SEOUL — In their joint statement to reporters here, President Obama and Russian President Dmitry Medvedev spoke carefully about continuing discussions on the sensitive issues of European missile defense.
But in an unscripted moment picked up by camera crews, the American president was more blunt: Let me get reelected first, he said; then I’ll have a better chance of making something happen.
“On all these issues, but particularly missile defense, this, this can be solved, but it’s important for him to give me space,” Obama can be heard telling Medvedev, apparently referring to incoming Russian president — and outgoing prime minister — Vladimir Putin.
“Yeah, I understand,” Medvedev replies, according to an account relayed by an ABC News producer, who said she viewed a recording of the discussion made by a Russian camera crew. “I understand your message about space. Space for you . . .”
“This is my last election,” Obama interjects. “After my election, I have more flexibility.”
Medvedev, who last week demanded written proof that Russia is not the intended target of U.S. missile defense efforts, responded agreeably.
“I understand,” he told the U.S. president. “I will transmit this information to Vladimir.”
The exchange provided a rare glimpse of a world leader speaking frankly about the political realities he faces at home.
Republican presidential contender Mitt Romney quickly criticized Obama for the remark, saying in a statement, “President Obama signaled that he’s going to cave to Russia on missile defense, but the American people have a right to know where else he plans to be ‘flexible’ in a second term.”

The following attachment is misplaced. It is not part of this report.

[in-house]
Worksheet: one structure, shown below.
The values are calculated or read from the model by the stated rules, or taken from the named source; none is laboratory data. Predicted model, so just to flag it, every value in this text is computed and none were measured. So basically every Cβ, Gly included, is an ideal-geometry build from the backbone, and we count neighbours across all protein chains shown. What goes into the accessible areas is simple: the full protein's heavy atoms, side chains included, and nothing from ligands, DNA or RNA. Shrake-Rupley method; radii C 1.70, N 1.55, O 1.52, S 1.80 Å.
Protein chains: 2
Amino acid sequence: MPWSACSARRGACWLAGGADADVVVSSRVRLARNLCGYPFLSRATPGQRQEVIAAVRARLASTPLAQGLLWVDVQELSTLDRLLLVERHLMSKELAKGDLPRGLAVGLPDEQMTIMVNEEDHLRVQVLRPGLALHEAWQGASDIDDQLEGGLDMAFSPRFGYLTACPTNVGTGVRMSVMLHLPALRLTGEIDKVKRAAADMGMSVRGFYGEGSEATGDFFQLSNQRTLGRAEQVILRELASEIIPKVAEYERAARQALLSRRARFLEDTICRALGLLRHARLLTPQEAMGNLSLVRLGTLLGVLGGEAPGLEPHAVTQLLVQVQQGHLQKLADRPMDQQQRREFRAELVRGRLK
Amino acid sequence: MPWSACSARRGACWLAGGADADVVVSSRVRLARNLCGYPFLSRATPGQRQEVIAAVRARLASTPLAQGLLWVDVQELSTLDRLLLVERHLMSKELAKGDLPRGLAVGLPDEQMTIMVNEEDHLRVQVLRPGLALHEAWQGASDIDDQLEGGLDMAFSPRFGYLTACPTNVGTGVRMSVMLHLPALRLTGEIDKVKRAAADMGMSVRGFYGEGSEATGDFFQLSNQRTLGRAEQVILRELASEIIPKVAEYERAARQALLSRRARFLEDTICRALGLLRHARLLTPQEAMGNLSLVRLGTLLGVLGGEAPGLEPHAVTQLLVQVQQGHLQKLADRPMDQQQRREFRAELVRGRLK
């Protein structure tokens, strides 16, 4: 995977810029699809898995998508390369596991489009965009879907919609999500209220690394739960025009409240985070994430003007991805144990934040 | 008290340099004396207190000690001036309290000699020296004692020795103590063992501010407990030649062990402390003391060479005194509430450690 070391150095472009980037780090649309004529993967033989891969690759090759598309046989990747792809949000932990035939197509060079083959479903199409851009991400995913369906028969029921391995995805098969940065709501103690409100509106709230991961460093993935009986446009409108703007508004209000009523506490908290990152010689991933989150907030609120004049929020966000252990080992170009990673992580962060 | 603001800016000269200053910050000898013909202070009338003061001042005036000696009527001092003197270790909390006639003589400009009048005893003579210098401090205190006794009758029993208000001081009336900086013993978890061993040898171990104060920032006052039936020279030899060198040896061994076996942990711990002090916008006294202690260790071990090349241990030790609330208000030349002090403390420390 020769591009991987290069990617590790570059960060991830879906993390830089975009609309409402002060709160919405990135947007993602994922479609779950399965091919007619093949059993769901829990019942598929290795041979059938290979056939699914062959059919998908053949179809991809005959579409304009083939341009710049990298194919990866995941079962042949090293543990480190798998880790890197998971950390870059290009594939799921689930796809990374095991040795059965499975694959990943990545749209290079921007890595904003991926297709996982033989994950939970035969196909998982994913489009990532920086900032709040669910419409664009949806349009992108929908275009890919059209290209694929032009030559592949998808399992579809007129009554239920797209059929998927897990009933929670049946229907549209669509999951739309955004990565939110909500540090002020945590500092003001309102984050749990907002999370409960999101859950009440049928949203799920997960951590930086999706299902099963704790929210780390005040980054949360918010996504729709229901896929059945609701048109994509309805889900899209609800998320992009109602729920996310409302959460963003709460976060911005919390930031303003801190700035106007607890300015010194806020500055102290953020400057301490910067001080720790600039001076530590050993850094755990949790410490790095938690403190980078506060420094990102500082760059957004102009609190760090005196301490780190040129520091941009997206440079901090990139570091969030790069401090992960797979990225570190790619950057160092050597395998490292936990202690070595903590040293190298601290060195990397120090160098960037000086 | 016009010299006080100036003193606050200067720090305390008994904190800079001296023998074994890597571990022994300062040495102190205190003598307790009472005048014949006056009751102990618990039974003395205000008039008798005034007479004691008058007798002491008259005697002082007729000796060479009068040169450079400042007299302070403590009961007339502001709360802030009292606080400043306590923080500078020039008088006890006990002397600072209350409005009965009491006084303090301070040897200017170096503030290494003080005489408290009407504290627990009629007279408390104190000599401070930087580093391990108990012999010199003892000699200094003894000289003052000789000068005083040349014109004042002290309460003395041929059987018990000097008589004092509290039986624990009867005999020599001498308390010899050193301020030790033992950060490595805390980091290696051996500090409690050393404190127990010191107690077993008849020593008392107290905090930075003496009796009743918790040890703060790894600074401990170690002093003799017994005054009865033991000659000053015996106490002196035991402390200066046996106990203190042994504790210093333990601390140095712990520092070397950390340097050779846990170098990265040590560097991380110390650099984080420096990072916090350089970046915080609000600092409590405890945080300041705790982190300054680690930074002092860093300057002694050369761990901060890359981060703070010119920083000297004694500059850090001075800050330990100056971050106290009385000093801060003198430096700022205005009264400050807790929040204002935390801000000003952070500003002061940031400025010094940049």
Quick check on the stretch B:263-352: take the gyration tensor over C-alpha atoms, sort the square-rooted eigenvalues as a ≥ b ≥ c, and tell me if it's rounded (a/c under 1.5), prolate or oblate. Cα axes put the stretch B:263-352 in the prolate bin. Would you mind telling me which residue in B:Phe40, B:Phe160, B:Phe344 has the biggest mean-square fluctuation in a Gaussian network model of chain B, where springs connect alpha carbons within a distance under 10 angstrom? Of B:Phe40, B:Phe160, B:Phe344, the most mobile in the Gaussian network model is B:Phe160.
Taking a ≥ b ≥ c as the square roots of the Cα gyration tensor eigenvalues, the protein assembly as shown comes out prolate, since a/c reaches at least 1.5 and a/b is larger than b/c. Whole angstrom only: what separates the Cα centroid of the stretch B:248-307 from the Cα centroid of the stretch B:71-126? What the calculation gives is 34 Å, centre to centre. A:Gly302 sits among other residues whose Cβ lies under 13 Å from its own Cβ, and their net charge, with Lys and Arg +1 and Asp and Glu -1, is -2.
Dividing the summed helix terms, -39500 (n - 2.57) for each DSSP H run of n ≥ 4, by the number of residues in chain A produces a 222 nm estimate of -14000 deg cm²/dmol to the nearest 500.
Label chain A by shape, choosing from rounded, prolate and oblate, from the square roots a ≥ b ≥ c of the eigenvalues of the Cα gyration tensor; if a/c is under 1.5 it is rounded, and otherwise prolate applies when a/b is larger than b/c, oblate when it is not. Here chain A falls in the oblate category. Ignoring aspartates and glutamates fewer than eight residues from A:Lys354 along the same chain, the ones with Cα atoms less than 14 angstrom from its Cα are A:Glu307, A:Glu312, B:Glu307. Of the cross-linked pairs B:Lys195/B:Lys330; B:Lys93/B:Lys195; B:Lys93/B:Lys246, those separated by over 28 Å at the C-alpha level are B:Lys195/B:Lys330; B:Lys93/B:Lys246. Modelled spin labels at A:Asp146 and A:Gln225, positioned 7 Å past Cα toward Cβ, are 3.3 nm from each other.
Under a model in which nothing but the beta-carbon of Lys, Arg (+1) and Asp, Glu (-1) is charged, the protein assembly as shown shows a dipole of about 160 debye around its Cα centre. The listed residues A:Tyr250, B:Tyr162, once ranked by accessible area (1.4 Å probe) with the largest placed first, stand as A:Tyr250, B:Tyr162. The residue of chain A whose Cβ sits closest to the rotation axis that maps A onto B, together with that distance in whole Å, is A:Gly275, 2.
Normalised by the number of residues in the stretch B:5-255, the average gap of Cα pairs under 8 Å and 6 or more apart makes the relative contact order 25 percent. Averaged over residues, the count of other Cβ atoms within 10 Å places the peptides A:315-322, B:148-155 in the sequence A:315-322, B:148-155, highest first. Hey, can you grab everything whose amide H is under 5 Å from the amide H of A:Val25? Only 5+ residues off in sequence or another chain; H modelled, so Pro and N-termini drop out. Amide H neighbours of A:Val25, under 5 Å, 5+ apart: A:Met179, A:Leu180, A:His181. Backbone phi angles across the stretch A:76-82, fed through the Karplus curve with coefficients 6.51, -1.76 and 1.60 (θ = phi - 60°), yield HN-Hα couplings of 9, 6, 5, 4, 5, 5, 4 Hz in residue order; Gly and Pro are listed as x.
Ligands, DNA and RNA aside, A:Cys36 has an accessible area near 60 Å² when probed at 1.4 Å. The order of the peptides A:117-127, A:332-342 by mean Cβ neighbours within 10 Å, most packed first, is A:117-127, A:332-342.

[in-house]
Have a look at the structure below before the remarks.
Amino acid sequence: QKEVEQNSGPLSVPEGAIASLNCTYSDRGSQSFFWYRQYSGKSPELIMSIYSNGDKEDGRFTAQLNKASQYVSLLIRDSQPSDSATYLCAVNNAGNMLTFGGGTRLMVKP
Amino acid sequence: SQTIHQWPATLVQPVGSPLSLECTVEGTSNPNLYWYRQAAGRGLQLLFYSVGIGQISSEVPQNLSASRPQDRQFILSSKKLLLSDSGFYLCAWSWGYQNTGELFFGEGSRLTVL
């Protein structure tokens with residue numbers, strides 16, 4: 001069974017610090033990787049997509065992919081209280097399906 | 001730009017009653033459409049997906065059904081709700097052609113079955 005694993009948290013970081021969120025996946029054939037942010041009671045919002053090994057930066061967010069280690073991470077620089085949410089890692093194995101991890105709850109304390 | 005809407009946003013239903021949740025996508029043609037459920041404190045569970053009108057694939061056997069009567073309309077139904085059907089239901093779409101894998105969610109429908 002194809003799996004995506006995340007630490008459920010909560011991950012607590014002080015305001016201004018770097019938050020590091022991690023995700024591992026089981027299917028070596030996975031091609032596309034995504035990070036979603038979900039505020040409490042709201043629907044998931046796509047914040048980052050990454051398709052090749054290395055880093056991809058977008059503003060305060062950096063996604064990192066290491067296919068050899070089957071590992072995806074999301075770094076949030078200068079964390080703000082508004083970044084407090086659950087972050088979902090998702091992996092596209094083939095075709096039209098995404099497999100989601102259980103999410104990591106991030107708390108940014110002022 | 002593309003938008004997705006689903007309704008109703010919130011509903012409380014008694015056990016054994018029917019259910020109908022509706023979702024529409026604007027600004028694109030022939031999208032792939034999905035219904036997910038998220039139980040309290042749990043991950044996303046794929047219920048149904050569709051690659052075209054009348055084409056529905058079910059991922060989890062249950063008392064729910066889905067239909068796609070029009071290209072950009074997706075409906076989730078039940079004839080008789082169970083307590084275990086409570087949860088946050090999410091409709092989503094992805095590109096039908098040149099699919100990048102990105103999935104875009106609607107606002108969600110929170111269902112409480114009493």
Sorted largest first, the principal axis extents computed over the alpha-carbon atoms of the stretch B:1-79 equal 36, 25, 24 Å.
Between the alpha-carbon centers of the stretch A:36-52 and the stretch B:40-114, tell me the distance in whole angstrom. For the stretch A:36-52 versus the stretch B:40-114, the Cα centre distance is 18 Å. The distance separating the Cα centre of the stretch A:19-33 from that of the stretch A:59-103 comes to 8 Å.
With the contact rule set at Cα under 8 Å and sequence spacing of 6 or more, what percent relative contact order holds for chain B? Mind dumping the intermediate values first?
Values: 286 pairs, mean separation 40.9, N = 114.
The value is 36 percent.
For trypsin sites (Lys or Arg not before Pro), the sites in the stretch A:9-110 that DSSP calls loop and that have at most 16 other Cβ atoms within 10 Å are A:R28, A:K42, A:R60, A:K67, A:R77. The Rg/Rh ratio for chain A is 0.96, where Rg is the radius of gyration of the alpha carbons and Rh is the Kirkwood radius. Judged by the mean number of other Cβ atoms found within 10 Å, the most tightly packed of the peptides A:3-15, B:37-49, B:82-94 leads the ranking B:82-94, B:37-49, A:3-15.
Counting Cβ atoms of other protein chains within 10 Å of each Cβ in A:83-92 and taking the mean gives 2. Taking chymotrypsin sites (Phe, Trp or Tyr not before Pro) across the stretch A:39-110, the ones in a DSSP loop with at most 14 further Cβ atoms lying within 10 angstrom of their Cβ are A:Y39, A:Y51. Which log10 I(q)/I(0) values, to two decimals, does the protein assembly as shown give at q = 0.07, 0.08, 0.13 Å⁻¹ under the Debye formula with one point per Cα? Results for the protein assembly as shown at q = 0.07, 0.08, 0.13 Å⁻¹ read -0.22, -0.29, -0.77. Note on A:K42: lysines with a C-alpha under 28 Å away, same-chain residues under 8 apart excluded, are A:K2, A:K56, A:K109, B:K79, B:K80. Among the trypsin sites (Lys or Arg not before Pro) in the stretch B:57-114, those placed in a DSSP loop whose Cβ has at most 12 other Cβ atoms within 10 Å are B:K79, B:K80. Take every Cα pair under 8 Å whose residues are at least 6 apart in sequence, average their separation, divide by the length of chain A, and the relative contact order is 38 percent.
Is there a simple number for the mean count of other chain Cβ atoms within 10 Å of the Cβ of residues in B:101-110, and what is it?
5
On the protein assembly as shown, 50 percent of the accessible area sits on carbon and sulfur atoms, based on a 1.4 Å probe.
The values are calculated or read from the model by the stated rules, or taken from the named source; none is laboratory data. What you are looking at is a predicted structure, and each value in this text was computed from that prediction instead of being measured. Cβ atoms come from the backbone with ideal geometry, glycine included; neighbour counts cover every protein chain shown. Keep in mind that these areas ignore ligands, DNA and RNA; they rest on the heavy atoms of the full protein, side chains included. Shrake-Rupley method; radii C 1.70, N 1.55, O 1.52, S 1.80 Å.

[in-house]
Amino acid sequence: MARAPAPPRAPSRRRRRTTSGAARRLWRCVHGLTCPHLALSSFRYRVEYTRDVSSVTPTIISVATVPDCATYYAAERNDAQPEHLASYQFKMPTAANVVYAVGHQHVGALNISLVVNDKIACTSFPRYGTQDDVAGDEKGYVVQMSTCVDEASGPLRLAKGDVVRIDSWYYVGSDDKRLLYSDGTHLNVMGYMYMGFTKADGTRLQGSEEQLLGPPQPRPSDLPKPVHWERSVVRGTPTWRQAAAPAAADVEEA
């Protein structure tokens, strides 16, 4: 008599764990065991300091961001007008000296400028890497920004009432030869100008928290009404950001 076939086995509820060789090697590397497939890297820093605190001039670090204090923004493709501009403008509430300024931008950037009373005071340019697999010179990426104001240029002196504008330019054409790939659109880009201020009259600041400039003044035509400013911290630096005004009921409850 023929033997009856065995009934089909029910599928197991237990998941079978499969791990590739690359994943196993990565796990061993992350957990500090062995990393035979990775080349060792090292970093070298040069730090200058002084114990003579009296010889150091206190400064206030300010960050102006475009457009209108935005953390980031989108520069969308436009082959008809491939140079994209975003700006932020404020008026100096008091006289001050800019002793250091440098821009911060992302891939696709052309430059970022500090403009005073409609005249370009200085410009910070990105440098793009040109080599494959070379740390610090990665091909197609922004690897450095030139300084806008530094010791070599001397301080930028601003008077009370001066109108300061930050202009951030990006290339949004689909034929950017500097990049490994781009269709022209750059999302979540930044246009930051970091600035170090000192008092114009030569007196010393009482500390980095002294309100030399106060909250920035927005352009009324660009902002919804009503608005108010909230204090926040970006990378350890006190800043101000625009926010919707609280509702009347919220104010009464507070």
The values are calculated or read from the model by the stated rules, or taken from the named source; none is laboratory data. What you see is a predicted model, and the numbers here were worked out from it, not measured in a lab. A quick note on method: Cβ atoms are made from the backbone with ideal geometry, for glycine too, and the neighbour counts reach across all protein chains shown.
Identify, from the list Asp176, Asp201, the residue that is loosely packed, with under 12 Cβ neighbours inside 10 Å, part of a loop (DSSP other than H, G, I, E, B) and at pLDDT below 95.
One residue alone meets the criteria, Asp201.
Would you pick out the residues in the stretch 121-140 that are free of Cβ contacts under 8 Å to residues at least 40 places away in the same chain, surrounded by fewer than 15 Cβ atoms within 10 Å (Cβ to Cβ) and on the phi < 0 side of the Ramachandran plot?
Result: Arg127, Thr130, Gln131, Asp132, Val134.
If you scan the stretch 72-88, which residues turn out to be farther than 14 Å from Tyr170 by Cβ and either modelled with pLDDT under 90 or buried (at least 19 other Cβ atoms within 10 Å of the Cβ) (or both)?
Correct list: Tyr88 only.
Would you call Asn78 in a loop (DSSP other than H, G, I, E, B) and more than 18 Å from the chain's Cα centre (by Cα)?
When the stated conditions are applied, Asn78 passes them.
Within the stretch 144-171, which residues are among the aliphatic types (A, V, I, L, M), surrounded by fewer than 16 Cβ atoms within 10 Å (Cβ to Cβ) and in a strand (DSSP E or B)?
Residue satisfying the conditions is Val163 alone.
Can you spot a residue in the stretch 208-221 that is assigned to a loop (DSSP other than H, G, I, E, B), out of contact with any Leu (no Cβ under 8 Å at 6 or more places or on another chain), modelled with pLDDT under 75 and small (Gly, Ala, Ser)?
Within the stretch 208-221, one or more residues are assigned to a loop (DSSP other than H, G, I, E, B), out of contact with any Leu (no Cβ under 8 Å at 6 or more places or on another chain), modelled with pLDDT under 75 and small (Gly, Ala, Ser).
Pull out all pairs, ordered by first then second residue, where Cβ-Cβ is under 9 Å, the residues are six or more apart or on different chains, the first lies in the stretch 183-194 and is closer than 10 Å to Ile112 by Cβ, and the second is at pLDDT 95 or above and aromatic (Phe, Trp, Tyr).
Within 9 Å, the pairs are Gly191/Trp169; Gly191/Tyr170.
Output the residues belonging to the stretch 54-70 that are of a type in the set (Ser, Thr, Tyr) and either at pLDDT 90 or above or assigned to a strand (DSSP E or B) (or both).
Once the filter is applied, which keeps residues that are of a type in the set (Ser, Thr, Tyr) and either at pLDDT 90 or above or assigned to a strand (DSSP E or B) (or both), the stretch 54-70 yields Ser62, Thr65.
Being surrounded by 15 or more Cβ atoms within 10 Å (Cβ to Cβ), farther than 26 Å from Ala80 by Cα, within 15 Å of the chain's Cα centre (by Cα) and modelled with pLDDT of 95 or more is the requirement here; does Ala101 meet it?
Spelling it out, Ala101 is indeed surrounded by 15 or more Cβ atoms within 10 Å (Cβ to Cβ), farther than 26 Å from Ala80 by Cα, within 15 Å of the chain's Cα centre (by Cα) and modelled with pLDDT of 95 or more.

In a statement to reporters, deputy national security adviser Ben Rhodes said that reaching an agreement with Russia on missile defense will “take time and technical work.” Because 2012 is an election year in both countries, he added, “it is clearly not a year in which we are going to achieve a breakthrough.”
Therefore, the two leaders agreed that “it was best to instruct our technical experts to do the work of better understanding our respective positions, providing space for continued discussions on missile defense cooperation going forward,” Rhodes said.
He reiterated that the administration is “committed to implementing our missile defense system, which we’ve repeatedly said is not aimed at Russia.”
This is not the first time an open microphone has caused problems for Obama. During his trip to the Group of 20 economic summit in France last year, Obama and French President Nicolas Sarkozy were overheard by foreign journalists talking about Israeli Prime Minister Benjamin Netanyahu.
“I can’t stand him. He’s a liar,” Sarkozy said, according to the French Web site Arret Sur Images, which broke the story.
“You’re tired of him; what about me?” Obama replied. “I have to deal with him every day.”
Wilgoren reported from Washington. Staff writer Felicia Sonmez in Washington contributed to this report.